The federal government is less than a month away from driving straight off the “fiscal cliff,” but U.S. Senator Pat Toomey (R-PA) believes there’s still time to avoid it. “The great dangers of the fiscal cliff are the massive tax increases that are scheduled to go into effect on January 1st,” Toomey told reporters on a recent conference call. “If that were to happen, it would very likely throw the economy into a recession and cost us hundreds of thousands – if not over a million – jobs.”
Toomey is in the thick of Senate discussions, and has been meeting privately with Democratic Senators in an effort to broaden support for a plan he first put forward in last year’s Super Committee. It would call for lower income tax rates for all – with limitations on deductions, loopholes and write-offs that will raise hundreds of billions of dollars in net revenue over time.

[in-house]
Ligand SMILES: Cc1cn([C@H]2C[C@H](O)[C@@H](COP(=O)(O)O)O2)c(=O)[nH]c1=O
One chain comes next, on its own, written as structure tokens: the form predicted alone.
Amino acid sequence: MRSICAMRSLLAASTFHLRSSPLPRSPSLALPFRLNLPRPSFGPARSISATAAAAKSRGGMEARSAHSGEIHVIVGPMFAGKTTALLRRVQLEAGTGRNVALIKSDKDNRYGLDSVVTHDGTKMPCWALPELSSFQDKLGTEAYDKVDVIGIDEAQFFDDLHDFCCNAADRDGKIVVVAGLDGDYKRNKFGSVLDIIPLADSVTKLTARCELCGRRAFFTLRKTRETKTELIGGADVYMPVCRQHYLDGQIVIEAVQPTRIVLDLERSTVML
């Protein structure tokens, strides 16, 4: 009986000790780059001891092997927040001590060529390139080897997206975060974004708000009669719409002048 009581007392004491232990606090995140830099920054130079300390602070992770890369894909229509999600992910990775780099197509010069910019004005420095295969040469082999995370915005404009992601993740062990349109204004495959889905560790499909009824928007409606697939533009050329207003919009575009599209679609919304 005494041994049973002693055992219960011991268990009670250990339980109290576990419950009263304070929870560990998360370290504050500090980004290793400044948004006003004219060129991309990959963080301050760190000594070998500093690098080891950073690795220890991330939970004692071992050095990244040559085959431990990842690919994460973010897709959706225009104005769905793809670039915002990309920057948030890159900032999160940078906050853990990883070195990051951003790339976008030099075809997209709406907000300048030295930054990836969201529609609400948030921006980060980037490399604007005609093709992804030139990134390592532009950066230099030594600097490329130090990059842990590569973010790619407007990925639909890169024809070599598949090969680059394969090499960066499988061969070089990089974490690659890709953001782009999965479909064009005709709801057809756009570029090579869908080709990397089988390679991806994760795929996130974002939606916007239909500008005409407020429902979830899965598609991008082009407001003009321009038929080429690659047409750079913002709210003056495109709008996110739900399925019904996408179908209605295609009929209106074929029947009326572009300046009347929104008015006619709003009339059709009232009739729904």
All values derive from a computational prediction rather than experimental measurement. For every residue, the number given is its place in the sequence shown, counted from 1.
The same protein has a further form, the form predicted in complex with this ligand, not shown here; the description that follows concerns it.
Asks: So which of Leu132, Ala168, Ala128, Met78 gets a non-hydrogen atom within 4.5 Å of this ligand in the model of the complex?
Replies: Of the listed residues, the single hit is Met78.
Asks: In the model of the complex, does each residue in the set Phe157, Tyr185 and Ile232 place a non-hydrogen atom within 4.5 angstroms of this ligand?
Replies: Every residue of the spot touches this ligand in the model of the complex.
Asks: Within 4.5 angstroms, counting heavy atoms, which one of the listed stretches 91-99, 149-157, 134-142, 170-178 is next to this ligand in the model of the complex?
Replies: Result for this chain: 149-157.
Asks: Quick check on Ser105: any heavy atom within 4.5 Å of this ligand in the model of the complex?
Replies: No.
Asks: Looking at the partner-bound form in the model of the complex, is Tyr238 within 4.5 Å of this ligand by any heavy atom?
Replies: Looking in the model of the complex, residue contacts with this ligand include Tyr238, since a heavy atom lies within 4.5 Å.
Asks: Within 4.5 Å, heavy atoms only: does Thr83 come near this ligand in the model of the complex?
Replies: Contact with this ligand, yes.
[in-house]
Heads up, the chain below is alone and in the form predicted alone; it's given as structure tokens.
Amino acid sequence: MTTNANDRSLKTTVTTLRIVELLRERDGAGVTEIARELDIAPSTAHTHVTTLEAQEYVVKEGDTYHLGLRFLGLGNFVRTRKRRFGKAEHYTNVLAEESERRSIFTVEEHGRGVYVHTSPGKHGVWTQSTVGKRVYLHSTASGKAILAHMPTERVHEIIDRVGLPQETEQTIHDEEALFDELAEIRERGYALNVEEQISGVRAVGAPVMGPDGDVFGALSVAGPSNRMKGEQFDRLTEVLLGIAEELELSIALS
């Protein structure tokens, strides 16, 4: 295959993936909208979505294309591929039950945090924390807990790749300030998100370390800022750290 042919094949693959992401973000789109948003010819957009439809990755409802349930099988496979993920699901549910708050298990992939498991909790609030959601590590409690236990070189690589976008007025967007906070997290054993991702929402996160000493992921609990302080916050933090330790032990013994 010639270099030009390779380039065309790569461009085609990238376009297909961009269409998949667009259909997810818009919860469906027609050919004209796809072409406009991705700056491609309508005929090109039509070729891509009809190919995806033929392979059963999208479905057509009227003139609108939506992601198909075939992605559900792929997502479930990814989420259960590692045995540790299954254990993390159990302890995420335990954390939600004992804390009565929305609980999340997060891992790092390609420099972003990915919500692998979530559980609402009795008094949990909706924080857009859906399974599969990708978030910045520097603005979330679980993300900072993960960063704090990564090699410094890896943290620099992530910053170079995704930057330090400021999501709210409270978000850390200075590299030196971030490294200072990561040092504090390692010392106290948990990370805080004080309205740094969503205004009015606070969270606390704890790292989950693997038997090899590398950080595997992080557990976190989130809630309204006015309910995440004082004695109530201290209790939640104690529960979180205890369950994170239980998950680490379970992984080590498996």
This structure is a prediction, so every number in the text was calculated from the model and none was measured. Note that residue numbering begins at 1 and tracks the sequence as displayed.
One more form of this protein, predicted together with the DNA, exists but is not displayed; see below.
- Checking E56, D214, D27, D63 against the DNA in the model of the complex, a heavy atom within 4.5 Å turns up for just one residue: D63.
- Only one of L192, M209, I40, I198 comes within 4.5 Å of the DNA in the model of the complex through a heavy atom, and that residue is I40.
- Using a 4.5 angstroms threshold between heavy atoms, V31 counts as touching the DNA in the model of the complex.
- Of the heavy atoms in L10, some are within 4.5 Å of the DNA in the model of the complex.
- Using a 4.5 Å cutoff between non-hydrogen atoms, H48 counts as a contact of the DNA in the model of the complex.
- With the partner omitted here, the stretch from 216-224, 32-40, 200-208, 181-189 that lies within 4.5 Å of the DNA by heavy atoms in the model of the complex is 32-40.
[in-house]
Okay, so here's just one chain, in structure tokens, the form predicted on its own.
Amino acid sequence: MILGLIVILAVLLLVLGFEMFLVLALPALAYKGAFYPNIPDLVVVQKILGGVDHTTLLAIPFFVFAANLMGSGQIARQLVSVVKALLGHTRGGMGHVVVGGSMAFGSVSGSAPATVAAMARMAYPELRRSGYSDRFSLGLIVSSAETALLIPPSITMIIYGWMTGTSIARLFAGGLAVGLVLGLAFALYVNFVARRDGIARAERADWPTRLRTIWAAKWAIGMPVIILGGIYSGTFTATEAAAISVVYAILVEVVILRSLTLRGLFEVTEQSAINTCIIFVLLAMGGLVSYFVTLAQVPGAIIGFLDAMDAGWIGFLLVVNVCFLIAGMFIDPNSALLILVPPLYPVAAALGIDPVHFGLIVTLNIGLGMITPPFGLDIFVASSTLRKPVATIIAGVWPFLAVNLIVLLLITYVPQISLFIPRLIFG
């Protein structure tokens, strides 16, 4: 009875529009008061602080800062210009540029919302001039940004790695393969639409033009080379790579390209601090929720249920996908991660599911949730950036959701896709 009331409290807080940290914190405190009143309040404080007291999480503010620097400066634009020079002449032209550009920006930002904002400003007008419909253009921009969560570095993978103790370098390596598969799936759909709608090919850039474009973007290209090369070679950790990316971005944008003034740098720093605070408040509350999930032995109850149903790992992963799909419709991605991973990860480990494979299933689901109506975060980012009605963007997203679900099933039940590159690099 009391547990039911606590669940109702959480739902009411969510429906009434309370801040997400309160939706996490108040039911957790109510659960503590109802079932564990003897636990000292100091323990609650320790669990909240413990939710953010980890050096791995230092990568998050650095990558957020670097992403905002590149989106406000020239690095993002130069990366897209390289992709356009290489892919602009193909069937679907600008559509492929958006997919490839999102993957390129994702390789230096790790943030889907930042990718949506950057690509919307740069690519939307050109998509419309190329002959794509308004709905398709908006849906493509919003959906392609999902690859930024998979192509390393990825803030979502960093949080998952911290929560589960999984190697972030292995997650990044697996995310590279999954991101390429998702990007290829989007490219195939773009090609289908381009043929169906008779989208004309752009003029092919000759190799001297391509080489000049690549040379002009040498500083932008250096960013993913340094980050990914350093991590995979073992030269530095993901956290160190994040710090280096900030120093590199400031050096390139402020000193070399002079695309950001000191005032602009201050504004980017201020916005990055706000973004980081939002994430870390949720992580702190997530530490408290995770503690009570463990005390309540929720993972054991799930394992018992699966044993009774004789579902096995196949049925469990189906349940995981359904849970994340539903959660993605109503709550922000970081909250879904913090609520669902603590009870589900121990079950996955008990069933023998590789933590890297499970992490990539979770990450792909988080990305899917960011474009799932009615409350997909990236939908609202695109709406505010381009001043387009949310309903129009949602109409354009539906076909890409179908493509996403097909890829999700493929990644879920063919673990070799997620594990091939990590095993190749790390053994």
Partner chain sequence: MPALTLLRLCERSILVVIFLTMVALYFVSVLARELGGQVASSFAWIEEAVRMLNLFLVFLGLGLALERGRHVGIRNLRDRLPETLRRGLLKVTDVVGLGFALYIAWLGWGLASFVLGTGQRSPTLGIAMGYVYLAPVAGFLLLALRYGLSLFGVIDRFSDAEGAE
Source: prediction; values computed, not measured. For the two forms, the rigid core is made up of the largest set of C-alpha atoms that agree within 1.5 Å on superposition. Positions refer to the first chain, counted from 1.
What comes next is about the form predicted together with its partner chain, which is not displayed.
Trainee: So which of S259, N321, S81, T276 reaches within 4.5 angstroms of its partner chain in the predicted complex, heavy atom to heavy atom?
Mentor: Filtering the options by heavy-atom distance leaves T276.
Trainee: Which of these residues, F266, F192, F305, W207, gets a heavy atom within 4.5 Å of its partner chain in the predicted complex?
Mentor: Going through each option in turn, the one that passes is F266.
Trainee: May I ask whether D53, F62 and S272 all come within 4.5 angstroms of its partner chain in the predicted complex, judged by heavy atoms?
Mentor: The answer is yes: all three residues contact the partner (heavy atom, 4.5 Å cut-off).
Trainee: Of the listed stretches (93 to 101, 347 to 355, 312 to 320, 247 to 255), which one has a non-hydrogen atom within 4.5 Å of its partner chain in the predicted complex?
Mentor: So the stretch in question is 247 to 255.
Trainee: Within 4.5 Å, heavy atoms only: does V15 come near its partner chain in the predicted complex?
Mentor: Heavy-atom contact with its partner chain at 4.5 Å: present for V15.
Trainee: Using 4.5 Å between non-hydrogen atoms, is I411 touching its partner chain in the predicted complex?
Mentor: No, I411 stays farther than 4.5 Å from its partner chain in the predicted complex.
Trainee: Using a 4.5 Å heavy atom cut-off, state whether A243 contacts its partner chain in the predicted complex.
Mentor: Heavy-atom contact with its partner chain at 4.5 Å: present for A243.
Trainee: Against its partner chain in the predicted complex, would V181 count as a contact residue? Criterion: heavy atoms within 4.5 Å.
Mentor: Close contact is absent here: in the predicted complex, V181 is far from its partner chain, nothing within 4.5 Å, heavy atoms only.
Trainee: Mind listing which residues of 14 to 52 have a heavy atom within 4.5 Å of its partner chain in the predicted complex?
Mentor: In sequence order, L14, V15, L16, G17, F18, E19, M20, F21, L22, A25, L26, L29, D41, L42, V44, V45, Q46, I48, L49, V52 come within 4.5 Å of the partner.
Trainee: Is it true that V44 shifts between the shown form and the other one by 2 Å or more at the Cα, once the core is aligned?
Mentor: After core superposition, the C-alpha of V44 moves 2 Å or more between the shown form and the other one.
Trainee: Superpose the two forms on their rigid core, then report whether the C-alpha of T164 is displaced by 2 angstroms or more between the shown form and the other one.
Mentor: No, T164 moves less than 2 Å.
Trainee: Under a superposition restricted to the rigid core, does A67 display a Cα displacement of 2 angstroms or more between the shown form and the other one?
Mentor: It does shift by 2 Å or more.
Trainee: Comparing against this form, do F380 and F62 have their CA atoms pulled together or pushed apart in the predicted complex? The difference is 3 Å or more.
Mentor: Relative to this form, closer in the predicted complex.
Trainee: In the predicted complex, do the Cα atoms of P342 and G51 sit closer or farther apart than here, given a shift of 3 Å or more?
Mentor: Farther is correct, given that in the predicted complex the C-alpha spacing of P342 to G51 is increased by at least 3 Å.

Inaction will lead to rate hikes on income taxes, estate taxes, dividends and capital gains. The White House says a median-income Pennsylvania family of four (earning $80,400) could see its income taxes rise by $2,200. A 2-percentage point payroll tax cut would also expire.
But that’s just the tax hike side of the equation. The fiscal cliff also includes $1.2-trillion dollars in federal spending cuts over the next ten years.
Professor David Passmore with Penn State’s Institute for Research in Training and Development crunched the numbers to see how sequestration alone would affect the Keystone State. “Pennsylvania’s share would be in the order of 35 – 40,000 jobs; the loss of about $6-billion in total economic output; about $3.5-billion in industry sales; and about $2.1-billion in after tax personal income,” he explains to Radio PA. The report was first published in Pennsylvania Business Central.
Like Toomey, Passmore believes the “fiscal cliff” is the recipe for another tough recession.